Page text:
When Losing 120,000 Jobs Is a Good Thing
Normally, hearing that 120,000 American jobs might be about to disappear would be a terrible thing. However, when we’re talking about government jobs that are no longer needed at the post office, it’s cause for celebration because it means billions of taxpayer dollars aren’t going to be thrown down a rathole.
The financially strapped U.S. Postal Service is proposing to cut its workforce by 20 percent and to withdraw from the federal health and retirement plans because it believes it could provide benefits at a lower cost.
The layoffs would be achieved in part by breaking labor agreements, a proposal that drew swift fire from postal unions. The plan would require congressional approval but, if successful, could be precedent-setting, with possible ripple effects throughout government. It would also deliver a major blow to the nation’s labor movement.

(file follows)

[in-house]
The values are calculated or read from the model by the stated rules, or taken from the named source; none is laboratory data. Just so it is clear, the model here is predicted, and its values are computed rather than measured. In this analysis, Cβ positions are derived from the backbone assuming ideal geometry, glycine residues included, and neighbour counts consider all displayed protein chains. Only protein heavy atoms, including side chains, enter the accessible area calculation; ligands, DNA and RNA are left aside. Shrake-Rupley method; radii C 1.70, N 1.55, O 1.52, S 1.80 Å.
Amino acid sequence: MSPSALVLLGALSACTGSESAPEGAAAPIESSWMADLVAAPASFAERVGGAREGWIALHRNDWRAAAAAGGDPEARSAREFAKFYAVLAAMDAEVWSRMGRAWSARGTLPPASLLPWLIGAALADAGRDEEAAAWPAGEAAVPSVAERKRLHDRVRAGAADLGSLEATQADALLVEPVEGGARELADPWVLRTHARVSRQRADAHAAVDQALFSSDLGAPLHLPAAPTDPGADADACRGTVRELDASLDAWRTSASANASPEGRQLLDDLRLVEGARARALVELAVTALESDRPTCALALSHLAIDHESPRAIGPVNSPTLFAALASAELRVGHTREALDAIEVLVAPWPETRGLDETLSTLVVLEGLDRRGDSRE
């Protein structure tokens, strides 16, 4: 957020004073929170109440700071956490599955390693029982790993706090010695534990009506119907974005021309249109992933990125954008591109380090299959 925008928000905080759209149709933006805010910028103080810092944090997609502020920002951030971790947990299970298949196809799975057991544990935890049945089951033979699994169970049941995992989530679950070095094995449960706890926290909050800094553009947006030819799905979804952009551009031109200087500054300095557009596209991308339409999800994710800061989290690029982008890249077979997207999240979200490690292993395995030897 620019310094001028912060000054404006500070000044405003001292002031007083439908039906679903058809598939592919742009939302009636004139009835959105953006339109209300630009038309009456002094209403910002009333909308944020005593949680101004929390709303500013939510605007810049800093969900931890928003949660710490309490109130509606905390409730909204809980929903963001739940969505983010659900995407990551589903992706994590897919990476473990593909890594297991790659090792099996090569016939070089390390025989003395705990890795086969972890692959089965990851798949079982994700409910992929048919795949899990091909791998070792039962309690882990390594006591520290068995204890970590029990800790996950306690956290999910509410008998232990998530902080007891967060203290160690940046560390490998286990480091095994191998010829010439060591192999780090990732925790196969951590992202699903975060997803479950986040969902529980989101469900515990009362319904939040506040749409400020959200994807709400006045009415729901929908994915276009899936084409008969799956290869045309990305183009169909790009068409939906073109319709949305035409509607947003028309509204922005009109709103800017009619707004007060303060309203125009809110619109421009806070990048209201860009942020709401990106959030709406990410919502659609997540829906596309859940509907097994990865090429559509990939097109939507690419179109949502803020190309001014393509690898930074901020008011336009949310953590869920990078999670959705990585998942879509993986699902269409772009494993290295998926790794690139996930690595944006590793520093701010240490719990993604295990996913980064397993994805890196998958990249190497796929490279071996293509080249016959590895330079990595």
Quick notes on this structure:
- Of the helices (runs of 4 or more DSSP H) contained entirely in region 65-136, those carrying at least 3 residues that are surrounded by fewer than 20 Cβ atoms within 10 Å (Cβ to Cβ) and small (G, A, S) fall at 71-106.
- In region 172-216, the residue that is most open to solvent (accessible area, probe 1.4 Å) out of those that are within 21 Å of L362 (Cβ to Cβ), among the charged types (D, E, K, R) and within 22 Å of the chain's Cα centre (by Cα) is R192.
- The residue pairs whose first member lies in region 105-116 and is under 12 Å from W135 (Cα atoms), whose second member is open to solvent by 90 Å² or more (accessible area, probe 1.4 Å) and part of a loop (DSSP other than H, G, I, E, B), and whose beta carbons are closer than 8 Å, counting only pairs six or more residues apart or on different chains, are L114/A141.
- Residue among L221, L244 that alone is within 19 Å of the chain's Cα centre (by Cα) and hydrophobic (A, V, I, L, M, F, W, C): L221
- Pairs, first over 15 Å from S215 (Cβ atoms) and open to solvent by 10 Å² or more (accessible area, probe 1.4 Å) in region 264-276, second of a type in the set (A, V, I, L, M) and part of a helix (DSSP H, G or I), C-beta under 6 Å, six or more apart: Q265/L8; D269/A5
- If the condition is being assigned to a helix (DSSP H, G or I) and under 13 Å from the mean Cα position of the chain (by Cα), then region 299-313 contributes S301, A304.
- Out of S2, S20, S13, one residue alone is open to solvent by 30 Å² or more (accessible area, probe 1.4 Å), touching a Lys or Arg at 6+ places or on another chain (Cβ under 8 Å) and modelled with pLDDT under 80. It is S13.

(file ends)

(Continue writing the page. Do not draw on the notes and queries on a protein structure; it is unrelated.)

…During the past four years, the service lost $20 billion, including $8.5 billion in fiscal 2010. Over that period, mail volume dropped by 20 percent.
If useless government jobs had any worth, we could simply hire every unemployed person in America to dig holes and fill them in at $50 an hour. Undoubtedly, if we did start a program like that, a national hole diggers union would instantly spring into existence to demand permanent job security and better benefits for everyone involved. The problem is that cash used to fund unneeded government positions has to either be borrowed or taken from people and companies that could put it to work creating productive jobs.
The less of our money that the government wastes, the more of our money that will remain in the private sector where it can be put to good use.
This was originally published at The Huffington Post — And, yes, I am now going to be doing a couple of posts per week there.
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